One time, in PE theory we were talking, I wasn’t, about gay people in schools and workplaces and all that and one boy, sitting in the front row, a white, short, freckled boy with a girlfriend who he adores, piped up and argued that having a gay boy in the locker room would be really uncomfortable for him, because he would be scared of being ogled or something worse. This continued to a gay PE teacher, making it all the more dramatic because a PE teacher would be bigger than them and able to overpower them, thus making it scarier (my class has not yet figured out that being gay, a male, and a teacher did not make you a pedophile). Of course this was all followed by “but I’m not a homophobic, my best friend’s gay”, I really don’t know where all these gay best friends come from, but everyone seems to have one. I think they get them imported or something.
Other than the males in my class unable to differentiate homosexuality from pedophilia it made me think about being a female and having people who may or may not be sexually attracted to you with the power to overpower you and take what you aren’t giving all around you. It’s a constant threat even in the most domestic places. Schools, workplaces, on the train, walking down the street, half of the population is walking around with a metaphorical gun and their isn’t any shortage of bullets.
And, as a female, you have to think, is this not teaching you something, my young straight male friend? Have you not thought about this? Of course, the answer is no, because it’s not thought about that much. The large majority of men would not choose to attack someone smaller and weaker than them, but then again, there is a reason that the term stranger danger exists. It is seared into young minds all over the world; frantic parents and teachers who are aware of the minority in the world cover up shoulders and legs and fuss, children are warned of white vans and people with fanciful stories, it must all be there for a reason?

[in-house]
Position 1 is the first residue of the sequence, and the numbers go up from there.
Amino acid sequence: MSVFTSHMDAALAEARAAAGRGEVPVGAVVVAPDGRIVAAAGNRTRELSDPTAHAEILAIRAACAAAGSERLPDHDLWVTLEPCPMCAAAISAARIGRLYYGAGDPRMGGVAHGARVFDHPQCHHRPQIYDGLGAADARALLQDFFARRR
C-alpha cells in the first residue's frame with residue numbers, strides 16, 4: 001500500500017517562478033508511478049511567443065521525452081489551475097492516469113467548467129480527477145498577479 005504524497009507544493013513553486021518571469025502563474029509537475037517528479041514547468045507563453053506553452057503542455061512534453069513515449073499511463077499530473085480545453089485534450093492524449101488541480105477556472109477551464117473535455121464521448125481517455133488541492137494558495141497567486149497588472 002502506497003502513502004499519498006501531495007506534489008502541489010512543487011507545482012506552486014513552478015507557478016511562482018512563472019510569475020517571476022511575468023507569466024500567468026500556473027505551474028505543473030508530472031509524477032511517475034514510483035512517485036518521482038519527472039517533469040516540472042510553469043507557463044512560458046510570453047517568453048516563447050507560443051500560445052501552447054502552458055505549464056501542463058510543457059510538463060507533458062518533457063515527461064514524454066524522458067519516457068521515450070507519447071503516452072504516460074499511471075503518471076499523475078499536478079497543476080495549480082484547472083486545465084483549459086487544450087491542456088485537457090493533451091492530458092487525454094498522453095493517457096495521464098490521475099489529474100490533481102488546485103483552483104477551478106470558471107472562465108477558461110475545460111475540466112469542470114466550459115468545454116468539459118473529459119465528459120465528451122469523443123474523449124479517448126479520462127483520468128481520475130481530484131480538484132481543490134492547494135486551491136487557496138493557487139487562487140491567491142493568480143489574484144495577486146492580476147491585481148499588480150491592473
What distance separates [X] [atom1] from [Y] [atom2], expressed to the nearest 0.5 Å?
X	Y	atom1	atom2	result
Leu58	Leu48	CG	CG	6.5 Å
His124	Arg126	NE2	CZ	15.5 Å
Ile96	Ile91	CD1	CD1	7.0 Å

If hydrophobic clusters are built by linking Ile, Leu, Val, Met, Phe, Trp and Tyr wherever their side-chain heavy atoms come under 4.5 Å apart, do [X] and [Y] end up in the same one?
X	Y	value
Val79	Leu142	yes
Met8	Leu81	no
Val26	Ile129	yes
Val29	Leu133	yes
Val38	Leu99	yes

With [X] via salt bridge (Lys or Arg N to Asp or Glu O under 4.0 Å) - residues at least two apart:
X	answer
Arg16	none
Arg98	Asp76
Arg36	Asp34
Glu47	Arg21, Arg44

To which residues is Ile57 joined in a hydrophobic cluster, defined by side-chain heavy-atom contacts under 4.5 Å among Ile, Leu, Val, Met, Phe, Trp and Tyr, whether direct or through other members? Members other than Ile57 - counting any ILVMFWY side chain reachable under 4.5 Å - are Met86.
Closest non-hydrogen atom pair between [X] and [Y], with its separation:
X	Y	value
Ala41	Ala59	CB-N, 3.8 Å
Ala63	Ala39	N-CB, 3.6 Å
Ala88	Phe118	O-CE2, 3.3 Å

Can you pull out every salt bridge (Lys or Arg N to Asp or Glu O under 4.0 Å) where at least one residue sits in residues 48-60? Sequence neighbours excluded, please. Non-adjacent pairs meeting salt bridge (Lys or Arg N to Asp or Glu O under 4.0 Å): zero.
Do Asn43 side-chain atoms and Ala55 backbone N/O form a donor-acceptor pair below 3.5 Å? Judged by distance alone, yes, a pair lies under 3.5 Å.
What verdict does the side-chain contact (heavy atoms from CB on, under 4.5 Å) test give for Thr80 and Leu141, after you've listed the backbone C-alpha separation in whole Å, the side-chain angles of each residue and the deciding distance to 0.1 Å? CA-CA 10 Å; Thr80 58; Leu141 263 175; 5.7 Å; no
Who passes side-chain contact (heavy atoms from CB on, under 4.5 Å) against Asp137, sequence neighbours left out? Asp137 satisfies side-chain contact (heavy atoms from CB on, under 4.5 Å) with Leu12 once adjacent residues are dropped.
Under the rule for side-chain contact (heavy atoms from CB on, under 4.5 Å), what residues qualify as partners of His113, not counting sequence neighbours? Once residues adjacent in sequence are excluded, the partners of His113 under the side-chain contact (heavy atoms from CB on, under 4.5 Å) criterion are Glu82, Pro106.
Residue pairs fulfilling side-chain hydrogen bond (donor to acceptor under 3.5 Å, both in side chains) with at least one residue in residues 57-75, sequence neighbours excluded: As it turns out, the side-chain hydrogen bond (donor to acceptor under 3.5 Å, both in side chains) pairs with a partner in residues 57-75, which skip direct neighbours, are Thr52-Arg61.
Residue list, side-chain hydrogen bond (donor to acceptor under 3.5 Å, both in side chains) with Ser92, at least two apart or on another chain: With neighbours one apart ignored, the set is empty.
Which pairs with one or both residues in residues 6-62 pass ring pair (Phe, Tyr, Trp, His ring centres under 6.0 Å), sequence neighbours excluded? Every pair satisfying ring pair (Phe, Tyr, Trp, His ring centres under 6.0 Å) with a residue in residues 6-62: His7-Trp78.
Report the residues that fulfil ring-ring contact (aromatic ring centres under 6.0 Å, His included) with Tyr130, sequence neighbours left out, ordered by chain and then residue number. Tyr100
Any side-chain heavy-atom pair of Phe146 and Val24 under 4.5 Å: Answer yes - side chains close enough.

And, you know, it’s the little things that make you scared, the little things that you won’t talk to any one about, because it doesn’t count. It’s the looking, it’s the catcalls, it’s the grown ups and their dress codes, it’s the leaning too close, it’s the arm around your shoulders, it’s really small things, the really small things that leave you thinking ‘does that count?’ and ‘are you sure he’s doing it on purpose?’
And the truth is, it doesn’t, it doesn’t count, because it’s expected. Males cannot be trusted not to look, they cannot be trusted to not to do the little things, they’re incapable, they’re a slave to their hormones, it’s a fact of life, men are all animals, obviously. So instead of teaching boys how to treat a lady and how not breach the bubble we teach girls to pretend not to be a female and how to hide the fact that they are, in fact, wearing a bra.